Review: Best Served Cold by Joe Abercomrbie
Joe Abercrombie’s “Best Served Cold” is a standalone novel set in the same world established in his “First Law” trilogy.
Therefore if you’ve read that, some of the references and characters may be familiar. If not, you’re in for a treat anyway.
The whole story is based on a plot of vengeance, which is established in the first scene of the book.
And then, slowly, a group of characters come together in which to ensure this is carried out.
At first, it looks all too predictable – band of adventurers, a clear mission, and over the first few chapters, a sense of a clearly defined structure that will trundle along until conclusion.
Even more striking, those who have read the First Law trilogy may be unsettled by the familiarity of the archetype base for this merry band of aventurers: a rugged northerner looking to be a better person; a cold-blooded female warrior, a dandy swordsman, a master magician, a cripple …
Such comparisons soon become superficial, and just as happened in the First Law trilogy, Joe Abercrombie sets up a seemingly predictable situation – and then proceeds to make it unpredictable.
Chapter by chapter, the story evolves, the characters develop, and surprises occur. The plot moves away from initial safe presumptions and ensures a deeper and much richer work.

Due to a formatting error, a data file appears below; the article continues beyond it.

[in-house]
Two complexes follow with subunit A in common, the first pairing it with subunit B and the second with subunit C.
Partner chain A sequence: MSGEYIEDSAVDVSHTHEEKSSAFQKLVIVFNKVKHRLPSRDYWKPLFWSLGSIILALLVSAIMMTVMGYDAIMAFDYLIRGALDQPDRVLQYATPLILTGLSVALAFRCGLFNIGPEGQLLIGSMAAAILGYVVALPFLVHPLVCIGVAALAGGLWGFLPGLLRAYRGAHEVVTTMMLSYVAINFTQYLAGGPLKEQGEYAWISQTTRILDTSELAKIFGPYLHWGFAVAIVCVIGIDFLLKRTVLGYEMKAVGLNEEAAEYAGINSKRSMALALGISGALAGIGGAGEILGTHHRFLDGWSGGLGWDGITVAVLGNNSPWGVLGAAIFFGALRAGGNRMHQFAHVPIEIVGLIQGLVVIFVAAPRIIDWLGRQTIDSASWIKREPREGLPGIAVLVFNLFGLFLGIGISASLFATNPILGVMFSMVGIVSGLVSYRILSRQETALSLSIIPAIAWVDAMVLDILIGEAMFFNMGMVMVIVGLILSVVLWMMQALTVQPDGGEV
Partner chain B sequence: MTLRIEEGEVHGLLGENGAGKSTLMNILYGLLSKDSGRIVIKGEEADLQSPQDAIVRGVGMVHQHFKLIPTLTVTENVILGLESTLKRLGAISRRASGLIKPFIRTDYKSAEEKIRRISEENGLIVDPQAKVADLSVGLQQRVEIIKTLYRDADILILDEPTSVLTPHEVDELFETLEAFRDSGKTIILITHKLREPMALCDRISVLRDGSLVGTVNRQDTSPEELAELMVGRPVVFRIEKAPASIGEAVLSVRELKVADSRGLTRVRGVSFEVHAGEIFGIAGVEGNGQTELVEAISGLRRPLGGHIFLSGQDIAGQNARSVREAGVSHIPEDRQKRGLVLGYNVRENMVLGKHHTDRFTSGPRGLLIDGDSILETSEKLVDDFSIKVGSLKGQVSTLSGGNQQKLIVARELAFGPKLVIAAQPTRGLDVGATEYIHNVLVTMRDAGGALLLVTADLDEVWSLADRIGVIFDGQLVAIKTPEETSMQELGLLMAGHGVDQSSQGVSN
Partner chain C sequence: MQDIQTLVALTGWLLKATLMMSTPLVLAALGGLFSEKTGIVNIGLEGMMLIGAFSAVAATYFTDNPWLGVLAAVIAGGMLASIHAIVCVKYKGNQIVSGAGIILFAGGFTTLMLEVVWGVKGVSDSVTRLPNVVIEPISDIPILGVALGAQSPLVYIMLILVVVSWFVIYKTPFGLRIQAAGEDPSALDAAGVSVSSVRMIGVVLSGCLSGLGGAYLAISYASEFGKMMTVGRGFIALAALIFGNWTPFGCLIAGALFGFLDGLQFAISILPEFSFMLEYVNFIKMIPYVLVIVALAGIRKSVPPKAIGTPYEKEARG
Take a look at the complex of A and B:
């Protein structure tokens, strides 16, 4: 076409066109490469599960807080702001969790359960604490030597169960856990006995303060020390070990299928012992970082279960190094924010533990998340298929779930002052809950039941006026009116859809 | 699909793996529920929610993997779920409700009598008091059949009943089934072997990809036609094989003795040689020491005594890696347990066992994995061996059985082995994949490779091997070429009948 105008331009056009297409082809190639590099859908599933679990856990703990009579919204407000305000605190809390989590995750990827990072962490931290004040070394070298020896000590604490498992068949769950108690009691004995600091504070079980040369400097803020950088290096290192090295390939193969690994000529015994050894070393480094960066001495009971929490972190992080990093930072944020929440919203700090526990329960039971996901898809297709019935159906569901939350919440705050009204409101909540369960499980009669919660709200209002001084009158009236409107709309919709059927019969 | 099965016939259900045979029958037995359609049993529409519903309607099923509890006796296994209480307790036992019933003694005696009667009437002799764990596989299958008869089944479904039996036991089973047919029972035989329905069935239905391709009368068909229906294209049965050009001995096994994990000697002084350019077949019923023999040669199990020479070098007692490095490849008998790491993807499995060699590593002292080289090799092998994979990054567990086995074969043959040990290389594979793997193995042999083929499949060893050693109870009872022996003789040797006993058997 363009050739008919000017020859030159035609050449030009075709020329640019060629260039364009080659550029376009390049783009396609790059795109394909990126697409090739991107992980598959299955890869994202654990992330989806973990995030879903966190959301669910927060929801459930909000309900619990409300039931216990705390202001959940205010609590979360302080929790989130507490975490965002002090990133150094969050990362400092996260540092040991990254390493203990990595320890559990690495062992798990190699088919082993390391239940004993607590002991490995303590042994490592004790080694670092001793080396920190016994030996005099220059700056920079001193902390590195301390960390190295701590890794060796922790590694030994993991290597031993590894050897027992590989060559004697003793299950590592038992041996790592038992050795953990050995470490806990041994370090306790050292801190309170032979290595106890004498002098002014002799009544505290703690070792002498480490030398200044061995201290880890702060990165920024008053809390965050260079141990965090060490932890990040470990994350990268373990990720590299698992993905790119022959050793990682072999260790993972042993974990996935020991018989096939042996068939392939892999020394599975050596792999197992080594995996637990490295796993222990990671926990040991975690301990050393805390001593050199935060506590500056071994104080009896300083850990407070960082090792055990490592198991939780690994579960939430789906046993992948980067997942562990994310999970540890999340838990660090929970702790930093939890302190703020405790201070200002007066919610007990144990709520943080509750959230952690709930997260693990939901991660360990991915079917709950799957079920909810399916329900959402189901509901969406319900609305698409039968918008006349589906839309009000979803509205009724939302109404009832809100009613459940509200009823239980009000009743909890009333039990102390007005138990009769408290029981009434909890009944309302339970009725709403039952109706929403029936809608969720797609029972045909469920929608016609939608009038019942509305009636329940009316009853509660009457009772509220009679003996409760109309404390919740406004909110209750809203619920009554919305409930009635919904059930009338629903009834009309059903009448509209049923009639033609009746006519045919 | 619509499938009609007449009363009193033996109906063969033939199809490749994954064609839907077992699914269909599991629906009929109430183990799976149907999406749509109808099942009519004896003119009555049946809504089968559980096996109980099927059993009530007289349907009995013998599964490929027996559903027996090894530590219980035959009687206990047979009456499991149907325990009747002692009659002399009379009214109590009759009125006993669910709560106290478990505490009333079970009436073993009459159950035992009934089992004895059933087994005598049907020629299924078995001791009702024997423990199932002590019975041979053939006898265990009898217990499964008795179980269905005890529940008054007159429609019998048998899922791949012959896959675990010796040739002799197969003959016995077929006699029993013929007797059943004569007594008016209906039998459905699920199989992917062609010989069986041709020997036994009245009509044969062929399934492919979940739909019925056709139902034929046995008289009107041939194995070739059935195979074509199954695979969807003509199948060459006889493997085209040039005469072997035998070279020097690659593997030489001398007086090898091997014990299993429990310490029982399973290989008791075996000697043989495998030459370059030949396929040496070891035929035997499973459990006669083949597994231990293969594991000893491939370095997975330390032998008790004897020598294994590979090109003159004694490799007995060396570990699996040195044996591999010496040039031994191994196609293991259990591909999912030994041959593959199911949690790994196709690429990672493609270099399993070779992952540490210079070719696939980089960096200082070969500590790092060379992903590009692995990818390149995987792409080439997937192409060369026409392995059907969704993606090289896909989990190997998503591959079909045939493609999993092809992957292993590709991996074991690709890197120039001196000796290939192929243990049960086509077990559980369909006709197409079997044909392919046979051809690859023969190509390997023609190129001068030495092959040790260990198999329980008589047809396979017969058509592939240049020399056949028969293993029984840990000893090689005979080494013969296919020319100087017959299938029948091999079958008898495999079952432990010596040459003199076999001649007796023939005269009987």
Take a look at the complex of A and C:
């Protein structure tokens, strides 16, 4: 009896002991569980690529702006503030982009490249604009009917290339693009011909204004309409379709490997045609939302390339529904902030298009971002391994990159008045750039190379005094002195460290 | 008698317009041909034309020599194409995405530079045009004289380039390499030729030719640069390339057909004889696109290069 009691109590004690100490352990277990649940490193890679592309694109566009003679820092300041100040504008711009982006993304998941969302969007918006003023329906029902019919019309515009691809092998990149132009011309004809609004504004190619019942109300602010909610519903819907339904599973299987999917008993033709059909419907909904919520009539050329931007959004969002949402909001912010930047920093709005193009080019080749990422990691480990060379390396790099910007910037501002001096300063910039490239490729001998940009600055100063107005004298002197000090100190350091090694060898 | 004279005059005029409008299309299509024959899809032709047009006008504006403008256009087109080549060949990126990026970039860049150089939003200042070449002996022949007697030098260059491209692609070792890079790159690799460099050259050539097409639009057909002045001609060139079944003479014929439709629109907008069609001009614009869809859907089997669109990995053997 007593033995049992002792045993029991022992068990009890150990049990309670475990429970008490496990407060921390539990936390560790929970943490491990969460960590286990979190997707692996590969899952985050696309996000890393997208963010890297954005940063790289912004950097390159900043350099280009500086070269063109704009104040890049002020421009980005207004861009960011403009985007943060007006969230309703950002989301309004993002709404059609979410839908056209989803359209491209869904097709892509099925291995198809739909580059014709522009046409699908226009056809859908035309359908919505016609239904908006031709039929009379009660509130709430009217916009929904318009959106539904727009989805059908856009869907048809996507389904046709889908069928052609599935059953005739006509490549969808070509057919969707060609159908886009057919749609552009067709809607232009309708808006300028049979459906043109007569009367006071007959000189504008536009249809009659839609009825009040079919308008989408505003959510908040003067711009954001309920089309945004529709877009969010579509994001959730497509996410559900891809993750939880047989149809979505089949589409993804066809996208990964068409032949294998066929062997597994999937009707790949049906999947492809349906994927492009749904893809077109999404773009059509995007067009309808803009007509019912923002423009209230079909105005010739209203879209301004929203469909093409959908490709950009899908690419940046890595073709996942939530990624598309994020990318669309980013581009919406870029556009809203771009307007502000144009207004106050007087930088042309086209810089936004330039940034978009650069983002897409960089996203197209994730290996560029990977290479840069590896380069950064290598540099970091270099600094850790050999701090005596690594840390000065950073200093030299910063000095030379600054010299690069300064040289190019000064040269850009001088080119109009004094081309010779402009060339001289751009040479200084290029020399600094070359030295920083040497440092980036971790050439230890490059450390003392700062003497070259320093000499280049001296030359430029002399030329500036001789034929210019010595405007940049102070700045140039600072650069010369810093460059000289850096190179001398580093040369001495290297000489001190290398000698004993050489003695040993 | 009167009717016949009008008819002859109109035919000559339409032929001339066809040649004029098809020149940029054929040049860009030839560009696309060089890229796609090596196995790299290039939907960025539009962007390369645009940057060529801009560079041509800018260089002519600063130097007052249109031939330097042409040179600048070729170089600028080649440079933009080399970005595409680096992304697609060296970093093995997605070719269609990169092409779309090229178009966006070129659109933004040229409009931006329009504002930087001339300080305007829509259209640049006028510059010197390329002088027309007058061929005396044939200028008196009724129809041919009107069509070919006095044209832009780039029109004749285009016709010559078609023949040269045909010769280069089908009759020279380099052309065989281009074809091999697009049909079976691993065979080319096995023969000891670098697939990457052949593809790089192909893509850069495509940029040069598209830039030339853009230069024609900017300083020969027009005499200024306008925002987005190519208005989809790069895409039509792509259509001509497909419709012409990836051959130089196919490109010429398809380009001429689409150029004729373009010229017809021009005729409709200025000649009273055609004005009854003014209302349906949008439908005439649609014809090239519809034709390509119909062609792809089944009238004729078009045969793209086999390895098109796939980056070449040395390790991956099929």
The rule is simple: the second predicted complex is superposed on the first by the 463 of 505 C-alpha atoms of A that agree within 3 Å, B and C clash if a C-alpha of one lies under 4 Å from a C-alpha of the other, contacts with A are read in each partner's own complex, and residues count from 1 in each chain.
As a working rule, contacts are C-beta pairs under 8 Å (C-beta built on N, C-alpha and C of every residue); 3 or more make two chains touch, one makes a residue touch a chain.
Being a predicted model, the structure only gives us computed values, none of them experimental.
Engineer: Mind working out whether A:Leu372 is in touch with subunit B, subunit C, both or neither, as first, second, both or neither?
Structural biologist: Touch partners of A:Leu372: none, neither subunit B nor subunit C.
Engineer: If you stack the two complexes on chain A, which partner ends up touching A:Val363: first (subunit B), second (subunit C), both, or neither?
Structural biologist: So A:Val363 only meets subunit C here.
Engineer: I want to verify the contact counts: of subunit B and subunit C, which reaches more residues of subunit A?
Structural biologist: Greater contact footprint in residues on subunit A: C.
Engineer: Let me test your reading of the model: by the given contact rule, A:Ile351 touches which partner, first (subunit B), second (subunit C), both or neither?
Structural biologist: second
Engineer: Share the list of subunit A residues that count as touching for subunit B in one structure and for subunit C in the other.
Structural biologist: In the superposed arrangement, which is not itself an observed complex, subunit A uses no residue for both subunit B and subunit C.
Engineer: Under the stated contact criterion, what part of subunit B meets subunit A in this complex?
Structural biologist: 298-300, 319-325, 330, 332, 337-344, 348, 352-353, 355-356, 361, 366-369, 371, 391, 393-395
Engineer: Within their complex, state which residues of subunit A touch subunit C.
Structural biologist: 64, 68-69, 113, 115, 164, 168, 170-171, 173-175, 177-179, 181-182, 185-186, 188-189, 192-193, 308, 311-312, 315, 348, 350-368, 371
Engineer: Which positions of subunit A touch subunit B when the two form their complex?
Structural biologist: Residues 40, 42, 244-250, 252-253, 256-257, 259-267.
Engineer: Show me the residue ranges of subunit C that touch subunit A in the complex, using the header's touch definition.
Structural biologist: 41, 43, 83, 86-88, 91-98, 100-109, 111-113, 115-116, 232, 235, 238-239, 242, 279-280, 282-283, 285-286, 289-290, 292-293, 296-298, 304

By the end of the novel, it feels as though the wheel of expectation has been thoroughly turned. What began as a simple-looking story has been turned completely on its head by the end.
Unlike the First Law trilogy, this book has some notable strengths:
- as a standalone novel, it’s concise and tells a full tale in just one book,
- the characterisation is very differentiated and frankly very well done,
- the storytelling begins with a simple precept, and turns it into a more complex development.
At times, the story does sometimes hang a little too grim, even a little too gratuitous with violence and gore. That’s Abercrombie, really.
Yet it is also comedic, in a dark and dangerous way that verges on the cartoonish at times. Sometimes the authors tongue is so much in their cheek you wonder if he isn’t toying with you.
The mixture of grim reality and dark humour with an intelligent plot manages to ensure it is both entertaining and gripping.
The main criticism is that while Joe Abercrombie’s writing tries to bring a sense of reality to his world, it feels like it is only just starting to develop properly – that the realism in the narrative has yet to be matched by the realism of the world building, not least when it is graced by small anachronisms that divorce it from the historical mediaeval reality.
Even this isn’t enough to distract from the story itself, and there is detail enough that clearly elevates Best Served Cold above the hideous twee fantasies that the fantasy genre has been subjected to for far too long.
Ultimately, this book is about exploring the human condition, not least the complexities o moral development, in a fantastical setting with mediaeval roots, and it works very well.
And as a wordsmith Joe Abercrombie is really starting to distinguish himself: there are some truly brilliantly sections of writing in this.
Overall, this is a compelling novel with compelling characters, that while takes a while to demonstrate it’s potential, it makes every effort to fulfill it, mostly with grand success.
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